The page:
Once back in Prague, he quickly began drinking again and it wasn’t long before he started getting into more trouble, one incident involving him organising a farcical battle re-enactment to celebrate the anniversary one of the most famous Czech victories in the Hussite Wars although this version resulted in a Czech loss due to the overly drunk participants!
Like many ’folk-hero’ writers from other countries, Hašek’s attitude to life captured the Czech public imagination to such an extent that he now embodies something more than a mere literary figure. In the same way in which the Irish love the whimsical iconoclasm of Flann O’Brien, and Americans adore the free-spirited individualism of Jack Kerouac, Hašek’s own maverick nature and ironically subversive writings have struck a chord with many Czechs, and he occupies a similar place in his nation’s heart.
Sadly, like both aforementioned writers, Hašek too paid a heavy price for the life he led as he also drank himself into an early grave. He was not yet 40 years of age when he passed away, leaving the last volume of The Good Soldier Švejk unfinished. Although there is a sense he could have achieved more if he had reined in his excesses, he was probably very aware of own shortcomings and the likelihood is that Švejk came into being because of Hašek’s dissolute lifestyle rather than in spite of it. In any event, like all great writers, Hašek’s life was inextricably bound up with his work and ultimately helped him become the renowned author who is still widely read to this day.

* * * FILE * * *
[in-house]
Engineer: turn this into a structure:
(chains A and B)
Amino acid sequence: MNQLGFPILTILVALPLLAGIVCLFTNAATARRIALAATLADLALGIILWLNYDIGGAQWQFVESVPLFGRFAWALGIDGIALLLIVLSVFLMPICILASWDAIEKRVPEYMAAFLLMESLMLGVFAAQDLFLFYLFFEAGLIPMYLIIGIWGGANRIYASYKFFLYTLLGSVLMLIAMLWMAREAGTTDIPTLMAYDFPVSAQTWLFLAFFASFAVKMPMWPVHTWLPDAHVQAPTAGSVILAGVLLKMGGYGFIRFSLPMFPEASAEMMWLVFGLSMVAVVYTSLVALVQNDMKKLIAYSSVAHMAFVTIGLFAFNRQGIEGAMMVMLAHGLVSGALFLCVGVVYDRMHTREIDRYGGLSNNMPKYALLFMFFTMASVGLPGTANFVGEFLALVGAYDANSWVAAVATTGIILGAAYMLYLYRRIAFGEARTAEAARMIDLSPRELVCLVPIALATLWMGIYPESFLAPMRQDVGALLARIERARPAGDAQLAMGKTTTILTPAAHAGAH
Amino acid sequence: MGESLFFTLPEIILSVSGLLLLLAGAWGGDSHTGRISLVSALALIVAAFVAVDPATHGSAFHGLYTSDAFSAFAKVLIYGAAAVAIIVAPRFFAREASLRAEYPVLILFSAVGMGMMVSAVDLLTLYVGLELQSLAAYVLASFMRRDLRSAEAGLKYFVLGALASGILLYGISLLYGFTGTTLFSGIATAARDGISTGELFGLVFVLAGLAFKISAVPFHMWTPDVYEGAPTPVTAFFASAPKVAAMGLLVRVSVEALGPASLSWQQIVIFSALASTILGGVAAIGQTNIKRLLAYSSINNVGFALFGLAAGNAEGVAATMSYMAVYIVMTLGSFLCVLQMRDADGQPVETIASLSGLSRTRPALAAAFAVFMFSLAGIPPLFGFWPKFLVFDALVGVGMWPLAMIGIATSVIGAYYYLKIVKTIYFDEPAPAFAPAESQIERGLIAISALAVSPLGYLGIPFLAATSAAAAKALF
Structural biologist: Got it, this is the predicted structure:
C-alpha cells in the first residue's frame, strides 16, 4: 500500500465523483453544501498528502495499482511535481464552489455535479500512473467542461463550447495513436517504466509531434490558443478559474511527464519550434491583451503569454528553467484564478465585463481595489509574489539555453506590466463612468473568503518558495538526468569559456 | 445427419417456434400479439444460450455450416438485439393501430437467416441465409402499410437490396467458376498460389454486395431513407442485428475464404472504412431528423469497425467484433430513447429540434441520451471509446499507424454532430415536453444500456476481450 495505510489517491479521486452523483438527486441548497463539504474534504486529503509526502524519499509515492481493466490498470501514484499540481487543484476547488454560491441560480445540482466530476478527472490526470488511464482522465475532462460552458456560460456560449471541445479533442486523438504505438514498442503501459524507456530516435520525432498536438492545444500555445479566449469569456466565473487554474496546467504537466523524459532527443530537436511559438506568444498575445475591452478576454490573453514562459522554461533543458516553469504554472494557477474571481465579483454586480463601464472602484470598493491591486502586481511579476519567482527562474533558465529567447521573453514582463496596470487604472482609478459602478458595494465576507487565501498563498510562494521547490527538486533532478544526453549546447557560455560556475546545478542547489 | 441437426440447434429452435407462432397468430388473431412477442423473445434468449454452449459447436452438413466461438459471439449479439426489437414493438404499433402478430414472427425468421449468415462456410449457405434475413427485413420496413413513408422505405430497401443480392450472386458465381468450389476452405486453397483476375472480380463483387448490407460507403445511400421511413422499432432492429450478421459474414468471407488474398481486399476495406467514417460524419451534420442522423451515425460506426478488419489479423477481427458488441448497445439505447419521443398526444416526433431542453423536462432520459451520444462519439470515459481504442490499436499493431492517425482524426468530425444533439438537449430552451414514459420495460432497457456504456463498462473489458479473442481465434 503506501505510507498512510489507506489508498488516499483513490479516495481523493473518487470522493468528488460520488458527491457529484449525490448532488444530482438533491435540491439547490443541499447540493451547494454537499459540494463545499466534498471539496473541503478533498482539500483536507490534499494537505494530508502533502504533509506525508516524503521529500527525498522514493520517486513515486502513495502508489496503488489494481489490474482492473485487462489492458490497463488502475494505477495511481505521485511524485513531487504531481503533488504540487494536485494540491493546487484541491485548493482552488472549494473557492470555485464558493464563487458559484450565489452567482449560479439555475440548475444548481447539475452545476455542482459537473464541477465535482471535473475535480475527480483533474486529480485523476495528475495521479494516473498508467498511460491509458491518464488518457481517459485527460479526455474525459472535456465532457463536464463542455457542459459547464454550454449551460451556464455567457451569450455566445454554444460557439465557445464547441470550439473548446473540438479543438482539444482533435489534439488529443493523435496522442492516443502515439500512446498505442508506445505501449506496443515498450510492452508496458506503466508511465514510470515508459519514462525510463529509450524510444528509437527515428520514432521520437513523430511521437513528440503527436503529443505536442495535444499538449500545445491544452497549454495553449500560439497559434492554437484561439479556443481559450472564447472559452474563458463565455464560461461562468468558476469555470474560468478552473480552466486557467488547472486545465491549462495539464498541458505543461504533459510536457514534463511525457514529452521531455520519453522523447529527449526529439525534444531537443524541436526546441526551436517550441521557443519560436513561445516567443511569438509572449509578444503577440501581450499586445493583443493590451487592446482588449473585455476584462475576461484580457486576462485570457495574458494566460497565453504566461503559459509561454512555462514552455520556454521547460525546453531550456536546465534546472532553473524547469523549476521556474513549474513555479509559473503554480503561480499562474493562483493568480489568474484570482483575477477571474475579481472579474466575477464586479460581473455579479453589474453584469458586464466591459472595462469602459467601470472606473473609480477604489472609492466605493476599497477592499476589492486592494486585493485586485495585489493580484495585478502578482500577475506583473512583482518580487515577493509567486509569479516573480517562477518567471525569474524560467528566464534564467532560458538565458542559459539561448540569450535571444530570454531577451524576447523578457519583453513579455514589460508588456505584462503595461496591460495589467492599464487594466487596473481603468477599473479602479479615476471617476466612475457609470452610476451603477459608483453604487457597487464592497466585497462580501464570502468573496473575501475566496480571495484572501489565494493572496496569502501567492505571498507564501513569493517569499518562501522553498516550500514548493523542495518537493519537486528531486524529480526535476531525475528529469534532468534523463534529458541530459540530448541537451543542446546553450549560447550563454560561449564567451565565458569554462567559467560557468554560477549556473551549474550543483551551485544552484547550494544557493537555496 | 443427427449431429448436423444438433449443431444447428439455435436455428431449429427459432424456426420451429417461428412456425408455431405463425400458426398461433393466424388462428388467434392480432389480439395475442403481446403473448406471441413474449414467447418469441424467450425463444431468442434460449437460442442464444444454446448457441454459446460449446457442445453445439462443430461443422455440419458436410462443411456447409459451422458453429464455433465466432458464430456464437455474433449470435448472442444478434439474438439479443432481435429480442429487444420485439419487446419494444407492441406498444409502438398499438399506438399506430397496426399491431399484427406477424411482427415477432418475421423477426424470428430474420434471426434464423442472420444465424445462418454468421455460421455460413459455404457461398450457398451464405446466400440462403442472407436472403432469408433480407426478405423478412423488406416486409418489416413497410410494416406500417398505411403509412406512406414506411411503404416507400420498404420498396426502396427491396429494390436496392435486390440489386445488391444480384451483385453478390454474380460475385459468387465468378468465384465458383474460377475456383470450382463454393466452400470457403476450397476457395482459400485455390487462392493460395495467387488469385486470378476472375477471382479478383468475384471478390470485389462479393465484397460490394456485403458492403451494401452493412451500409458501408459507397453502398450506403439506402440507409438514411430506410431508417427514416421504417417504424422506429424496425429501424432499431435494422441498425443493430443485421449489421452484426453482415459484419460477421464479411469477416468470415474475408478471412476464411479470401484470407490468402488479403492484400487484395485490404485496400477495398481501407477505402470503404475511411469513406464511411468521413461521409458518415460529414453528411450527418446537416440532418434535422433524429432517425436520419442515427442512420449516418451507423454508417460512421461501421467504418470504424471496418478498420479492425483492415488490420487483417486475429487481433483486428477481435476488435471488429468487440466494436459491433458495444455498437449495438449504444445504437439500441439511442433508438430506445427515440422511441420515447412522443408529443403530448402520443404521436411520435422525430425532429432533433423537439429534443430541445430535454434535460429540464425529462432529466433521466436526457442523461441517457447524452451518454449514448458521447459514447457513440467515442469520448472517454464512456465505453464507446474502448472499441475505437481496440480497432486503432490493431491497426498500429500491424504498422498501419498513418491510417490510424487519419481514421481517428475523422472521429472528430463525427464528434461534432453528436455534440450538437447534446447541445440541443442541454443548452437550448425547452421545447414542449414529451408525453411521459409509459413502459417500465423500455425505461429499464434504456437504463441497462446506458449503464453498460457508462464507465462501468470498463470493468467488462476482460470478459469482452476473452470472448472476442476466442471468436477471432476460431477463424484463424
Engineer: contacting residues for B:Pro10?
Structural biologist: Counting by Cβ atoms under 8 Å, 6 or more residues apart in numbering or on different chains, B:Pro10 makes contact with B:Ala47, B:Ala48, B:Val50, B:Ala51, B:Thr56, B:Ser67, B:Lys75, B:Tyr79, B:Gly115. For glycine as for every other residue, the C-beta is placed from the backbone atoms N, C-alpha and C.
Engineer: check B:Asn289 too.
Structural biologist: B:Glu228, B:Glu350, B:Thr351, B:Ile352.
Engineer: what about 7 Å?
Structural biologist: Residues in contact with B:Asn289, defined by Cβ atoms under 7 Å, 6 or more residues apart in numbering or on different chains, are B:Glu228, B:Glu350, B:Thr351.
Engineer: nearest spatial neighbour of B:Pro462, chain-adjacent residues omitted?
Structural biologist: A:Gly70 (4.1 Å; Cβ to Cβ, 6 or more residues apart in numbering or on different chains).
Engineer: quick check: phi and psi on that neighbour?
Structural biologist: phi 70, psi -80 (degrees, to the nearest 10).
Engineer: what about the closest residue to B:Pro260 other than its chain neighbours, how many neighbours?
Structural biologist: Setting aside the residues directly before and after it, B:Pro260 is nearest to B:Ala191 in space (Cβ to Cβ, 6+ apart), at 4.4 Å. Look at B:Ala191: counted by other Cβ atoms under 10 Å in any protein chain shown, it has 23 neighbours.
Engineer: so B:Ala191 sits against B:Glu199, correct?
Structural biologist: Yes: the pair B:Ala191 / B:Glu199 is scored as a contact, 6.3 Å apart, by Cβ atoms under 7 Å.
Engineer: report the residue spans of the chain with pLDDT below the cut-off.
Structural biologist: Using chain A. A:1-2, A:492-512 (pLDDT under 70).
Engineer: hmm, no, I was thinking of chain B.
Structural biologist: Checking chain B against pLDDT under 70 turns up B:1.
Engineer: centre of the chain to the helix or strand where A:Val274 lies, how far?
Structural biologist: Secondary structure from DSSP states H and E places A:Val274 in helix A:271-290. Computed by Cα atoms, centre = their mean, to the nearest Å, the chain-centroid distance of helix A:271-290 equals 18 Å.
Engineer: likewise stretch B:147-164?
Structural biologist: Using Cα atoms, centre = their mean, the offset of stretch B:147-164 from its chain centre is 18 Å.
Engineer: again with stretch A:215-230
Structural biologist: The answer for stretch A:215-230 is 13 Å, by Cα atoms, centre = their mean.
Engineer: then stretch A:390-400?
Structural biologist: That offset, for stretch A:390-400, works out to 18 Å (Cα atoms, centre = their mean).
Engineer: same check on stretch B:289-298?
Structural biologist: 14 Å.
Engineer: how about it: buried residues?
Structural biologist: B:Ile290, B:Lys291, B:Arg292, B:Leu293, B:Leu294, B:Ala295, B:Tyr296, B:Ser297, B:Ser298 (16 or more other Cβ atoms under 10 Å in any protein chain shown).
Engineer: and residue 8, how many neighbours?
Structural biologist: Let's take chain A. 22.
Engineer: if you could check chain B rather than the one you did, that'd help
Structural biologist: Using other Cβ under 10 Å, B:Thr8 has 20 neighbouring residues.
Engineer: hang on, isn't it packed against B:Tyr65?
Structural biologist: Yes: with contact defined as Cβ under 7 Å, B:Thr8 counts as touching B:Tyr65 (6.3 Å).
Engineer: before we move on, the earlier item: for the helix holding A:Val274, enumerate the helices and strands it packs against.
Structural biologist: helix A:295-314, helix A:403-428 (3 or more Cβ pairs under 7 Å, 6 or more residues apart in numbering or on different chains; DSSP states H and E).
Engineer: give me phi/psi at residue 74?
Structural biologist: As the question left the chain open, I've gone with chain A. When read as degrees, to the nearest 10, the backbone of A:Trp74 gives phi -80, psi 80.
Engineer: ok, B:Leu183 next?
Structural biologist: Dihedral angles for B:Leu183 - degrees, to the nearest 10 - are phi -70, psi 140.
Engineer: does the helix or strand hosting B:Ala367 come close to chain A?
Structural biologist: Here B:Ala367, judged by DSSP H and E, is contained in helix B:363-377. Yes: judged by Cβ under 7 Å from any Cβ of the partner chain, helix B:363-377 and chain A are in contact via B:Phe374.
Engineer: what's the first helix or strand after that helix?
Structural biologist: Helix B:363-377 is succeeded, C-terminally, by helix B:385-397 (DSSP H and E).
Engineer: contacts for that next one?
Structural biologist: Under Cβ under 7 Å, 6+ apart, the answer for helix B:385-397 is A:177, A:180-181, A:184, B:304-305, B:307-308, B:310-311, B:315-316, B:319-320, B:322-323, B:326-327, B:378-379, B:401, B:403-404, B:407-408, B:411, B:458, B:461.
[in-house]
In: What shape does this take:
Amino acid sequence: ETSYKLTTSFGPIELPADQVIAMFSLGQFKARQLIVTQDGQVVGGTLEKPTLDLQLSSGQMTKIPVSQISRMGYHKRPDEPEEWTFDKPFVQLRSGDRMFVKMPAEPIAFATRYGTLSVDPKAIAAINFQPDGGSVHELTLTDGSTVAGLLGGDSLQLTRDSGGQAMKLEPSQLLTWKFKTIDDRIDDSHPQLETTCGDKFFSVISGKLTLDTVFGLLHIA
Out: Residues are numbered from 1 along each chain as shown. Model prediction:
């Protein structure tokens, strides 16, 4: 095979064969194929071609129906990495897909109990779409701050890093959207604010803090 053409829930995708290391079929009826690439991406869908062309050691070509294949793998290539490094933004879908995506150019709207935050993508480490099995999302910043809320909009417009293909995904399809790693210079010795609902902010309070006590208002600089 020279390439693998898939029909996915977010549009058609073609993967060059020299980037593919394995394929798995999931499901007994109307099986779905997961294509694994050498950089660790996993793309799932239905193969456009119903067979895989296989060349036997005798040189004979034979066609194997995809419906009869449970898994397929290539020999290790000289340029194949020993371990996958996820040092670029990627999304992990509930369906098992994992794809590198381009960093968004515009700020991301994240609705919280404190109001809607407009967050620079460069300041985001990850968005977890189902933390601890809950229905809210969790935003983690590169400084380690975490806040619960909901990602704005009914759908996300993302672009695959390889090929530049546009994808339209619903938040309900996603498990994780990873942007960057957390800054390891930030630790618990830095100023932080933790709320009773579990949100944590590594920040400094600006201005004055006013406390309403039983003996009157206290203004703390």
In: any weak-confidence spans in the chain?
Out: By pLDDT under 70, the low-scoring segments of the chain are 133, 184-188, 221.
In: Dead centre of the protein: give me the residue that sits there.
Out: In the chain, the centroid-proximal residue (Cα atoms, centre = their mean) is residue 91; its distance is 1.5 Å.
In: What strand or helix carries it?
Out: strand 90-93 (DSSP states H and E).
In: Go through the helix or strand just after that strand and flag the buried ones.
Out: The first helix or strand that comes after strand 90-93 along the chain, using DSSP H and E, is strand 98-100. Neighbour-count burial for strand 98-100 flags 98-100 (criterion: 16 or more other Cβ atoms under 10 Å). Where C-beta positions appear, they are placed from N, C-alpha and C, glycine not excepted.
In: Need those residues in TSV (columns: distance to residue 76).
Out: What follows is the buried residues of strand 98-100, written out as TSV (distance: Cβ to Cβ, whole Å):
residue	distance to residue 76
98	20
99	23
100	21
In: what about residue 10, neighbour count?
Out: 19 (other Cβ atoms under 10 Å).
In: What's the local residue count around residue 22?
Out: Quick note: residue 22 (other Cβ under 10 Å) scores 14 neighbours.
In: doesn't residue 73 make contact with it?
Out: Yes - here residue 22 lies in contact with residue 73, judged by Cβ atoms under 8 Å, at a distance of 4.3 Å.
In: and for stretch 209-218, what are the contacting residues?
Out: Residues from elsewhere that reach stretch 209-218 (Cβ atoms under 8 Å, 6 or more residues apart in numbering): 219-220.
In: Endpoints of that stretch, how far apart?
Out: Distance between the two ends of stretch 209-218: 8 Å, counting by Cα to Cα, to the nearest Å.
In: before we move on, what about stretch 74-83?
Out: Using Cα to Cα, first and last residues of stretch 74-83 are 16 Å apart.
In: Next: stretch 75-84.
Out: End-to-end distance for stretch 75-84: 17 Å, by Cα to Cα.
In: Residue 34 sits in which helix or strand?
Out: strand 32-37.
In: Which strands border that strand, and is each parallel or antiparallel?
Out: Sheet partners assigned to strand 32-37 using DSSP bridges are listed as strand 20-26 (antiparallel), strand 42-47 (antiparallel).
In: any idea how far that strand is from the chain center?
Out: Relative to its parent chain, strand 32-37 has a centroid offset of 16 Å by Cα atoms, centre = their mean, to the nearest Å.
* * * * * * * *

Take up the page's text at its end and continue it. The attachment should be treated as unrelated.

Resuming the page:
If you haven’t yet enjoyed the work of Hašek, then I recommend Sir Cecil Parrott’s translation of The Good Soldier Švejk and his biographies of Hašek. There are also collections of other stories including The Bachura Scandal, Drunkard’s Tales, and The Red Commissar, the latter which includes further adventures of the Good Soldier Švejk.